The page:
Exploring Europe’s capability requirements for 2035 and beyond
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The complex, resource-intensive and time-consuming task of developing new military capabilities requires decisions to be made in the near term to ensure that the armed forces of the 2030s are appropriately equipped to meet the threats and challenges with which they will be faced. For that reason, a multi-disciplinary study on behalf of the European Defence Agency examined possible future capability requirements for the 2035+ timeframe.
Among the findings, the need for conventional weapons systems will persist and the need for cyberspace capabilities will increase. Also, more coordination of existing research and development programmes is needed across the various EDA member states.
Defence capability planning is an ongoing process. Capability plans require regular updating to respond to the evolution of the strategic environment and developments in technology. The European Defence Agency’s Capability Development Plan provides an overview of the future military capability needs of European armed forces. The plan takes into account security and defence challenges in the short, medium and long term, providing recommendations to European militaries on the capabilities they will require to respond to the range of likely future threats.
To support the revision of the long-term strand of the EDA’s Capability Development Plan (CDP), the EDA commissioned RAND Europe, with support from the Hague Centre for Strategic Studies (HCSS), to conduct a multi-disciplinary study examining possible future capability requirements out to 2035+. While the threats faced in this time horizon may be highly uncertain, the complex, resource-intensive and time-consuming task of developing new military capabilities requires decisions to be made in the near term to ensure that the armed forces of the 2030s and beyond are appropriately equipped to meet the threats and challenges with which they may be faced.
In order to understand the military capabilities that EDA Member States may require in the future, the project team:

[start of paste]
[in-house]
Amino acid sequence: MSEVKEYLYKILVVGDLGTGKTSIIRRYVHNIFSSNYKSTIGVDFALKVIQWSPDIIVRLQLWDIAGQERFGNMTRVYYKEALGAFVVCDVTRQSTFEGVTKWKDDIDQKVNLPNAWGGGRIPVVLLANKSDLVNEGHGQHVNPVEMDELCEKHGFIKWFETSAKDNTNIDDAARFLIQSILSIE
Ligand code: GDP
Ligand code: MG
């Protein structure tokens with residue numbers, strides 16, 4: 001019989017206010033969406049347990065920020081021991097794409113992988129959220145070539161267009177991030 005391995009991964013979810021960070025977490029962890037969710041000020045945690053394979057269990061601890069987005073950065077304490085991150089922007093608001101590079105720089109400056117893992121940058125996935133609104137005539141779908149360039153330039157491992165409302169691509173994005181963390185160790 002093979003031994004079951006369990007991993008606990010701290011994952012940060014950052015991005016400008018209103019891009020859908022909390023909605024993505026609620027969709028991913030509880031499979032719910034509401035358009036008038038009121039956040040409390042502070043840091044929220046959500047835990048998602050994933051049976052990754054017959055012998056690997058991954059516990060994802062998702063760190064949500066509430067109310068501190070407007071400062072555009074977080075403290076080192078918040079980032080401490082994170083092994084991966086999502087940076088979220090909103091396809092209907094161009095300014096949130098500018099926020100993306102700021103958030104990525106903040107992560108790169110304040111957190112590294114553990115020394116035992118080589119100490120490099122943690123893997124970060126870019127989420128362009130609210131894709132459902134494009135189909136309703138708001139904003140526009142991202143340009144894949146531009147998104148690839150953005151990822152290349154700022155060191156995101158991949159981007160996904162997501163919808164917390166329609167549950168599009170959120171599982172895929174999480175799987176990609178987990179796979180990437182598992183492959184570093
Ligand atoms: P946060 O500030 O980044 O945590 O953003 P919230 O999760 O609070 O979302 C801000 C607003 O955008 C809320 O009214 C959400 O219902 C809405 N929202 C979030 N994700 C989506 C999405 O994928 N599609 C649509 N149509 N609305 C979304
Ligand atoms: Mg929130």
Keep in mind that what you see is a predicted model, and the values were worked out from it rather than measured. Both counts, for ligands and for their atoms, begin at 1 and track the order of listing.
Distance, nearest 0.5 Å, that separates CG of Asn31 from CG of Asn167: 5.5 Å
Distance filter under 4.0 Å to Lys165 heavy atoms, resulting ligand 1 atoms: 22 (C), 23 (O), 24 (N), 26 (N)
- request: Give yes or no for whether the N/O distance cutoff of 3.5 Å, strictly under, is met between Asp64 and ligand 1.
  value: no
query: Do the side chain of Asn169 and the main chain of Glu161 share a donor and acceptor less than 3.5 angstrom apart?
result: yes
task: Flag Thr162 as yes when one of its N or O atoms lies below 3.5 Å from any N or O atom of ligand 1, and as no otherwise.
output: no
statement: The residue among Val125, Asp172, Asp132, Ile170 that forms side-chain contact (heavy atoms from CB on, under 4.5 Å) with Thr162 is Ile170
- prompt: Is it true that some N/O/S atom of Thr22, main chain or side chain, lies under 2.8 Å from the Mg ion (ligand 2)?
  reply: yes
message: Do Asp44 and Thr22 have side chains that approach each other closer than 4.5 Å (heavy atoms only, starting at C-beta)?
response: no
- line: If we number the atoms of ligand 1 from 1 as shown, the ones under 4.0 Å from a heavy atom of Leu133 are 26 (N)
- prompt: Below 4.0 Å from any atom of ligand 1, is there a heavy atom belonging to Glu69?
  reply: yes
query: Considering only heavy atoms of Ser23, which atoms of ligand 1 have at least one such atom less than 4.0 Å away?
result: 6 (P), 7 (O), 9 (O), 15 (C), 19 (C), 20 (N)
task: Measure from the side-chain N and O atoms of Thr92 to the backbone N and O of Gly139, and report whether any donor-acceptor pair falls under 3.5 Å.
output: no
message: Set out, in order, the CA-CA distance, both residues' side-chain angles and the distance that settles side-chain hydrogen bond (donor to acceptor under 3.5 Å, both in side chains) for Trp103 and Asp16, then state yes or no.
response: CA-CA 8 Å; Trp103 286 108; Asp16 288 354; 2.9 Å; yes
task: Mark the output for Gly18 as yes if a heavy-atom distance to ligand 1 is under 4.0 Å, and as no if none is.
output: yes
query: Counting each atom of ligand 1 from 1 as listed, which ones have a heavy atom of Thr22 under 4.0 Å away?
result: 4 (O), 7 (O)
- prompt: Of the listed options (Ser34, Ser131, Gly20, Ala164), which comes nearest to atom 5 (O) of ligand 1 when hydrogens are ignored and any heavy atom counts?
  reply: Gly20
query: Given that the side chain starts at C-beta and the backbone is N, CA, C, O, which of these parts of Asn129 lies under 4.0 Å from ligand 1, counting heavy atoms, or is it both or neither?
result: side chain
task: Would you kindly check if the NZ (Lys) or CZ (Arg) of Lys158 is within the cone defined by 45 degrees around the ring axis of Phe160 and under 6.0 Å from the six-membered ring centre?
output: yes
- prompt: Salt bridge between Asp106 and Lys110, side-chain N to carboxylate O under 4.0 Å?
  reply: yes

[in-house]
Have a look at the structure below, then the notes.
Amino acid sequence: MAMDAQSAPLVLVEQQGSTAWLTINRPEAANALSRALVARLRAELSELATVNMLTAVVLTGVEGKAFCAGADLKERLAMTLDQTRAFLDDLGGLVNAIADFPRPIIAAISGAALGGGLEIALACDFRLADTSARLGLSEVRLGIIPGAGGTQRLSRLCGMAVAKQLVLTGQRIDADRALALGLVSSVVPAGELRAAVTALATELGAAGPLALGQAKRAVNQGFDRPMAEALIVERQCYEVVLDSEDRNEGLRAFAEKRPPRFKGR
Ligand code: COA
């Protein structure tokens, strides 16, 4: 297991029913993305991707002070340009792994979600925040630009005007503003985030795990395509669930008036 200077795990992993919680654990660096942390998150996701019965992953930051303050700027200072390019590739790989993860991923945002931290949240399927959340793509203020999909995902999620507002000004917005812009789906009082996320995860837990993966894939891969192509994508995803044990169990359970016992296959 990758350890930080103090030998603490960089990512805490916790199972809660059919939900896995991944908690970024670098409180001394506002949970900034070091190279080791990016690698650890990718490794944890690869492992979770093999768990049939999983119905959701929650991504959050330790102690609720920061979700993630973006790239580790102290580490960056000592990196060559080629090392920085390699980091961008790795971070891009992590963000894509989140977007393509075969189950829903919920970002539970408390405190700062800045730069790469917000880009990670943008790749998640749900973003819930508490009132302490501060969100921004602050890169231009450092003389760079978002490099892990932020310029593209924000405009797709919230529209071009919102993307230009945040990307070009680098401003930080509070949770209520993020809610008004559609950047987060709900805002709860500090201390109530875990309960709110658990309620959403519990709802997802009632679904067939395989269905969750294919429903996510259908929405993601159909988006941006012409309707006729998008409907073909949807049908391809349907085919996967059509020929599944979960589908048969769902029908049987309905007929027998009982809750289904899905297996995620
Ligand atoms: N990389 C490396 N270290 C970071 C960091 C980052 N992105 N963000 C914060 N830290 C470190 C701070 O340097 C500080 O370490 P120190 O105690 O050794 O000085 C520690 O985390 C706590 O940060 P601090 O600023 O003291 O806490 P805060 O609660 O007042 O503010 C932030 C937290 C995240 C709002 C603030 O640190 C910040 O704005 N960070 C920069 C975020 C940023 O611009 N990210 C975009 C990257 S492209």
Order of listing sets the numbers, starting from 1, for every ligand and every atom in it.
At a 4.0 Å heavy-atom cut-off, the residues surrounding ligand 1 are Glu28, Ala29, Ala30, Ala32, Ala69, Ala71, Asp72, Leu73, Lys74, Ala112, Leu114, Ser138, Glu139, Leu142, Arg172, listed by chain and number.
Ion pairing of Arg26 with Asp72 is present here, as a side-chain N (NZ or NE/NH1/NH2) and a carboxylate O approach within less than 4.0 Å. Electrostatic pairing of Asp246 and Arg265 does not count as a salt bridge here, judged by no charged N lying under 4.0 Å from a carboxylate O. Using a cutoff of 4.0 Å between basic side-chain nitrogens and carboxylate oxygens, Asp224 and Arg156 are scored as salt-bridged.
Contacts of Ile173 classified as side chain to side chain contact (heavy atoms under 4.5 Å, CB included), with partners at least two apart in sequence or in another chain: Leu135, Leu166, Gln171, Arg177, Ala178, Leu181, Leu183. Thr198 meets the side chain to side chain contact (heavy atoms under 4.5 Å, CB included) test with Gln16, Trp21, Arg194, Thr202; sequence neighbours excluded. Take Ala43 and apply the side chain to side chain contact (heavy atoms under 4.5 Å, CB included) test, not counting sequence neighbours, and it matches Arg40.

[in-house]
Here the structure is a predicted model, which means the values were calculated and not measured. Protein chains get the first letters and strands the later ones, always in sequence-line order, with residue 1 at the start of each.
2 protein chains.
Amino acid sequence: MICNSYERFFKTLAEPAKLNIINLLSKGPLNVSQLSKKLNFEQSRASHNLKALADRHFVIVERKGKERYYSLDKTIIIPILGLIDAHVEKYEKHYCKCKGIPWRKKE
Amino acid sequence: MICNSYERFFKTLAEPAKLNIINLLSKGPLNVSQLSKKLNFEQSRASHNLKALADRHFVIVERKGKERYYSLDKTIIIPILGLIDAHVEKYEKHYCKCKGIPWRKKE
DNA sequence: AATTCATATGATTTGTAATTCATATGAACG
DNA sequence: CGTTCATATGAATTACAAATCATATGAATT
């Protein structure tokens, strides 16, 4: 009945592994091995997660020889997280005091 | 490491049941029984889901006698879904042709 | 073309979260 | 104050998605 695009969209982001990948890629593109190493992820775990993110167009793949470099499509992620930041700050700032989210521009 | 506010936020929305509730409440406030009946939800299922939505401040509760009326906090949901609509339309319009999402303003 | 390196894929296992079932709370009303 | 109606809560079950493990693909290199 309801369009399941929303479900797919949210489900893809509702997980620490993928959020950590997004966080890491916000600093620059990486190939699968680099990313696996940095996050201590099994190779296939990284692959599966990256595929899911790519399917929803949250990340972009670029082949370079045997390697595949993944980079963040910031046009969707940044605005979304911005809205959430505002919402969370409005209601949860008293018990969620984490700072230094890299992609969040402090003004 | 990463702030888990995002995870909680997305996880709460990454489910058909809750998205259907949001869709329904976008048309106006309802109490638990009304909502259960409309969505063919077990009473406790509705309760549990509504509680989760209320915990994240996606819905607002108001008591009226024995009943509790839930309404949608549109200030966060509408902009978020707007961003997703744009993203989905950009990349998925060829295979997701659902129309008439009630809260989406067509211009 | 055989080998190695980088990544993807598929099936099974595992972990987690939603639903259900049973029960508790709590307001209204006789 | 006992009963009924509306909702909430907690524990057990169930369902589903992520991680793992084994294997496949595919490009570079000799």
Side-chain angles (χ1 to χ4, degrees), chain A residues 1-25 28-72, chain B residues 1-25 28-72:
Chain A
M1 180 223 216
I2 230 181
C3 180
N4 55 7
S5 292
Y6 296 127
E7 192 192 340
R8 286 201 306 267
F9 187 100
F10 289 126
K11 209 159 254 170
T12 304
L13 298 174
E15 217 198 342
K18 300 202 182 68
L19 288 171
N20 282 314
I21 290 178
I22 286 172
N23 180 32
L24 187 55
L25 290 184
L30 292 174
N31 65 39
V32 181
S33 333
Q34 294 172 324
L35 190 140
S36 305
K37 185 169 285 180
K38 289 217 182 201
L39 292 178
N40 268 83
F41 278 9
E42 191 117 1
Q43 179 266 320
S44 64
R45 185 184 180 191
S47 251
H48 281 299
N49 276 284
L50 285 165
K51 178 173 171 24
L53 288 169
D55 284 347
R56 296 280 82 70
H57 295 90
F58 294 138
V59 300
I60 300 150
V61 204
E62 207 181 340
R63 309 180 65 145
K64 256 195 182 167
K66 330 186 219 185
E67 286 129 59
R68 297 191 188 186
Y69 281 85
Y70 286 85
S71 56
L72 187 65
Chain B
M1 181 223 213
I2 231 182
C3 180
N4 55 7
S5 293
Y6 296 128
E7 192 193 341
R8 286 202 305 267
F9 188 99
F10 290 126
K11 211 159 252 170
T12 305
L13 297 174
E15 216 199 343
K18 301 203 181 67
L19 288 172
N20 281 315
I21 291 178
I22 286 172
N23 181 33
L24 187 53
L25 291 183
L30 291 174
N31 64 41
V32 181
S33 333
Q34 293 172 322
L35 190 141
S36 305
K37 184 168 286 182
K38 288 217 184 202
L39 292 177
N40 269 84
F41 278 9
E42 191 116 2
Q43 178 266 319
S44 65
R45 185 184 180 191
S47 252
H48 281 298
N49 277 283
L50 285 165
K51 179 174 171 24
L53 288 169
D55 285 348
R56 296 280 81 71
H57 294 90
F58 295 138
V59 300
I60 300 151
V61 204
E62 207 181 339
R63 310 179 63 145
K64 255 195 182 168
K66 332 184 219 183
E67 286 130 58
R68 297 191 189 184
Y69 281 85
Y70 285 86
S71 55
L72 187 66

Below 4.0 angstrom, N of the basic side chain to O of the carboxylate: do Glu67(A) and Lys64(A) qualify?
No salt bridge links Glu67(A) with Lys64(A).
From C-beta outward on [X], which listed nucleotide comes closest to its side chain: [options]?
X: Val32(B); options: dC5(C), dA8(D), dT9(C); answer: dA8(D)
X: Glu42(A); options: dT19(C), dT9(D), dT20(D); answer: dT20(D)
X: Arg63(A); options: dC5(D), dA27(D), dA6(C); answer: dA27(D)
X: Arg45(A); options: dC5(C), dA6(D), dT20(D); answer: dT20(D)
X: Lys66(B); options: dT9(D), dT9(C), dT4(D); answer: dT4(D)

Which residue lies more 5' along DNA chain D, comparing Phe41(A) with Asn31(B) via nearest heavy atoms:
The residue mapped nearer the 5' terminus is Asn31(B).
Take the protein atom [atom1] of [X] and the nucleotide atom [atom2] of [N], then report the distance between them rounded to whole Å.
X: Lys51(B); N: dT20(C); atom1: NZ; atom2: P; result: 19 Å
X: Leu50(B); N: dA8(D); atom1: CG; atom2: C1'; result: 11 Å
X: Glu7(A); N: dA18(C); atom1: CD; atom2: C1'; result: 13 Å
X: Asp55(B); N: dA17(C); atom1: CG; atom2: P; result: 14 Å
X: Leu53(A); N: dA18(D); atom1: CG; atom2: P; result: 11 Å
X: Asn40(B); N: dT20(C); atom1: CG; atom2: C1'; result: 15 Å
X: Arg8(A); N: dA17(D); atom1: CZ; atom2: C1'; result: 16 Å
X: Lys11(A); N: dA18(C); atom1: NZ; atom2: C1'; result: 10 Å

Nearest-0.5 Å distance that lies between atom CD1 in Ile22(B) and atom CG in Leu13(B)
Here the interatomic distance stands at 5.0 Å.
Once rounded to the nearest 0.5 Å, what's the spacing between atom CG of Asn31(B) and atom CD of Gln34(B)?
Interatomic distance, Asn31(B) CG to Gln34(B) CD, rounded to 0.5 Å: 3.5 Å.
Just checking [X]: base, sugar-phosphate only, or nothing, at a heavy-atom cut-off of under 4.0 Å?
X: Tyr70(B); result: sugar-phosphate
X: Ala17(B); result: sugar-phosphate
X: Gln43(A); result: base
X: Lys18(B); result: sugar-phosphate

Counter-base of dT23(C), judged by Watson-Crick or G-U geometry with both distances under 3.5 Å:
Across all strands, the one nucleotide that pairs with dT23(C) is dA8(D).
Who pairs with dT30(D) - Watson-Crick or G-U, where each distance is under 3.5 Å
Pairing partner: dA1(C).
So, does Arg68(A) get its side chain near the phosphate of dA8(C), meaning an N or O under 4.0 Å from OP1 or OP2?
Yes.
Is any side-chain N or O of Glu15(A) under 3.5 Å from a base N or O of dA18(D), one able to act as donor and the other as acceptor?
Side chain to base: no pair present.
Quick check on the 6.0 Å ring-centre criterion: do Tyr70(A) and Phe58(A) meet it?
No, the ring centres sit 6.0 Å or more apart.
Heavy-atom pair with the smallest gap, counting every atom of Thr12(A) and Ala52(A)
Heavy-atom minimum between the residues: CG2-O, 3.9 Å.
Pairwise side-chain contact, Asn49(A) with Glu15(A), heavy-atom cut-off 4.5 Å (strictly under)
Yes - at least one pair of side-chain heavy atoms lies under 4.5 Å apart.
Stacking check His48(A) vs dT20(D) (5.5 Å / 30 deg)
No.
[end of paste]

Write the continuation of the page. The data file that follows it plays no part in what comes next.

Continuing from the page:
- Identified new and emerging technologies and strategic and societal developments that might influence capability requirements out to 2035;
- Developed possible long-term scenarios for future conflicts and operations;
- Assessed future military capability requirements across all military tasks, including through a tabletop exercise (TTX) involving capability planners, Research and Technology (R&T) experts and other representatives from the EDA’s participating Member States, the EDA, the EU Military Committee, the European Commission and NATO; and
- Analysed relevant R&T and industrial considerations, including barriers to future delivery by European industry of solutions to the identified capability requirements, and areas of dependency on non-EU third countries for raw materials, components or technology.
- Key future military capability requirements include efficient and secure information-sharing tools, advanced and rapid decision making, effective civil–military cooperation, high levels of force mobility, ability to carry out operations in cyberspace, and use of non-lethal capabilities.
- In order to ensure these capabilities, the need for conventional weapons systems will persist and the need for cyberspace capabilities will increase. Other technologies that may enable European forces’ ability to operate in the future strategic environment are human enhancement (biological, cybernetic, other) technologies, sensors, artificial intelligence, synthetic environments, virtual reality and augmented reality, smart/complex materials, satellites and pseudo-satellites, autonomous systems (incl. manned–unmanned teaming), communication systems, additive and advanced manufacturing, nanotechnology, directed energy weapons, electronic weapons, electronic countermeasures and energy generation and storage.
- Research and development programmes are in place in Europe across many of the key enabling technologies, but often are not co-ordinated between different EDA member states. Moreover, within the enabling technologies mentioned above much of the investment and policy initiative is coming from the civilian sector, including multinational and non-EU actors. This implies that there is scope for European collaboration initiatives and programmes for European industry to develop the technologies needed for European militaries in the future.